Laminar Nozzle Light Test 1

11 05 2009

I finished my first test for the lighting.  I’m pretty pleased with my results.  I’m just using a single Rebel Endor Tri RGB LED.  It’s not as good as Mario’s results, but they are a good start.  The good thing is is that I am going to just use one LED per nozzle.  I’ve designed a “lighting core” that uses use 3 fiber optics. The LEDs or the Rebel Endor is placed at the bottom of the lighting core below the nozzle.

The problem that I have is that the stream is too clear and is transmitting the light too efficiently and not producing a nice light effect during the day or in light.

enjoy!  Ideas for making the light shine better?

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The Nozzle Design

20 04 2009

nozzle





Laminar Nozzle Cutter Test 2

11 04 2009

The cutter is working much better since I added the baffle.  The baffle is working almost perfectly except for that pesky leak.  I’m pretty sure that leak is comming from the brass nozzle/plexiglass interface. I suppose that I will just add some more expoxy and hope that it works this time.

Here are a couple of my thoughts regarding the cutter.

1. Fix the electronic switching so that it flips the electricity from one solenoid to the other immediately.

2. Fix the drip.

3. Fix the drain for the water.  I think it is probably the biggest of the three right now in order to make the cutter work properly.





Laminar Nozzle Speed Cutting Test

11 04 2009

A friend of mine posted a video of his cutter just cutting so that we could gauge the speed of his cutting.  I’ve decided to do the same.  If you have done this let me know how your’s compares.  If you have any concerns or possible design improvements let me know.  I’ve been told that this is the trickest part of the whole laminar fountain, and it is pretty tricky to get it to work the way I dream it.





Laminar Nozzle Cutter Mechanism Test 1

8 04 2009

I got a prototype working last night for the cutter mechanism!  It works….mostly.  There are some bugs in that I have to work out, but all in all a strong showing.

It may be difficult to see, but when it is un-cut there are more blurbs (I don’t know what to call it!  If you have a good name submit it please!) than there should be.  I’m thinking it is probably from the water splashing on the upper plate and then dripping down onto the nozzle and then getting sucked up by the stream casuing the annomally (there’s a good word for it).  That’s my guess.  Any suggestions as to what it is would be greatly appreciated.





Compressed Air Rockets (Part 2.01)

17 09 2008

There are a number of people are interested in my Altoids Can Ignition Switch, so I thought I would post a few more pictures to help them out on there journey.

The toggle switch in is the off position.
The toggle switch in is the off position.

Underneath the electrical tape is the illuminated momentary push button, and the toggle switch (or single pull single throw (s.p.s.t.) switch).  Also shown is the two binding posts.  I still need to draw up a schematic, but it is really simple.  The toggle switch activates the momentary push button, and the momentary push button activates the binding posts.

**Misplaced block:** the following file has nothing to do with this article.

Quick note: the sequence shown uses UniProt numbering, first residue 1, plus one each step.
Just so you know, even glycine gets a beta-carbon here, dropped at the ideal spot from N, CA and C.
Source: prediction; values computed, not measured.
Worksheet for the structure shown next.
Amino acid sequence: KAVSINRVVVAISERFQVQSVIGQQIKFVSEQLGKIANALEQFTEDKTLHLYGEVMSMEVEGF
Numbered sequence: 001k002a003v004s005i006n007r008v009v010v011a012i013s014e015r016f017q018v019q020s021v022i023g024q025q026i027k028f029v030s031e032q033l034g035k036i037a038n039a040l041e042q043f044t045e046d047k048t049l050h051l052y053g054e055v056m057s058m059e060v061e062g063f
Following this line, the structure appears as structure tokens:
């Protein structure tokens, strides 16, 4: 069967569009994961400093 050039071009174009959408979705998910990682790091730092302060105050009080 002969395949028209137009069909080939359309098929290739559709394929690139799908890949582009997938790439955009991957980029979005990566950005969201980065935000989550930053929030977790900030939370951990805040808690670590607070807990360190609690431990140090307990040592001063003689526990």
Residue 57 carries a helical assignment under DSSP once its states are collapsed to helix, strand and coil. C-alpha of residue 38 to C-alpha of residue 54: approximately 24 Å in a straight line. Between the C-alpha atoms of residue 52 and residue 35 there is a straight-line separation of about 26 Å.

The safety is off and the Altoids tin is armed.

The safety is off and the Altoids tin is armed.





In Circuit Serial Programming

11 07 2008

So, I learned a very valuable lesson this week with the PIC microcontrollers from Microchip. In Circuit Serial Programming, or ICSP. I don’t know if this is available with other uCs or not, but I’m sure that they would have something similar to this. Please comment and let me know otherwise!!!!!

ICSP is where you can install your chip into your circuit but still be able to program it by using 5 wires (2 wires actually program it, but 3 others support it, Power, Gnd, etc). It’s really cool because you can put the uC in the circuit you are ACTUALLY going to use and work with it instead of working with a breadboard, prototyping board etc. Below is a picture of exactly all that is needed in order to program any PIC microcontroller.

SETUP

In this setup I am using the PICKIT 2 programmer. I am using the standard software that comes with the PICKIT 2 to load the hex file into the chip. The chip is the PIC16F690. I am writing code in the Proton+ Development Suite.

The wiring is really simple. You just need a pin 5 header, a PIC microcontroller, and a breadboard. The wiring is specific to this microcontroller, but probably will work for a number of different microcontrollers. See your specific datasheet for details on how to wire up your own microcontroller.

Wiring:
PICKIT2 – PIC16F690
Pin 1 – Pin 4
Pin 2 – Pin 1
Pin 3 – Pin 20
Pin 4 – Pin 19
Pin 5 – Pin 18

**IMPORTANT NOTE**
It took me a number of hours to realize that the pinout on the PICKIT2 starts pin 1 position on the right and goes to the left. In the picture above note the arrow. That designates pin 1.

Results

After hooking up the PIC16F690 correctly it was really simple to load the hex files onto the microchip.

Conclusion

Using the ICSP is really simple, once the wiring is hooked up properly. I plan on including ICSP in all of my own circuits in order to update the software without needing to remove the uC.

It has been suggested that if you are giong to use the specified pins for ICSP to not use them for any other purpose even though it is possible.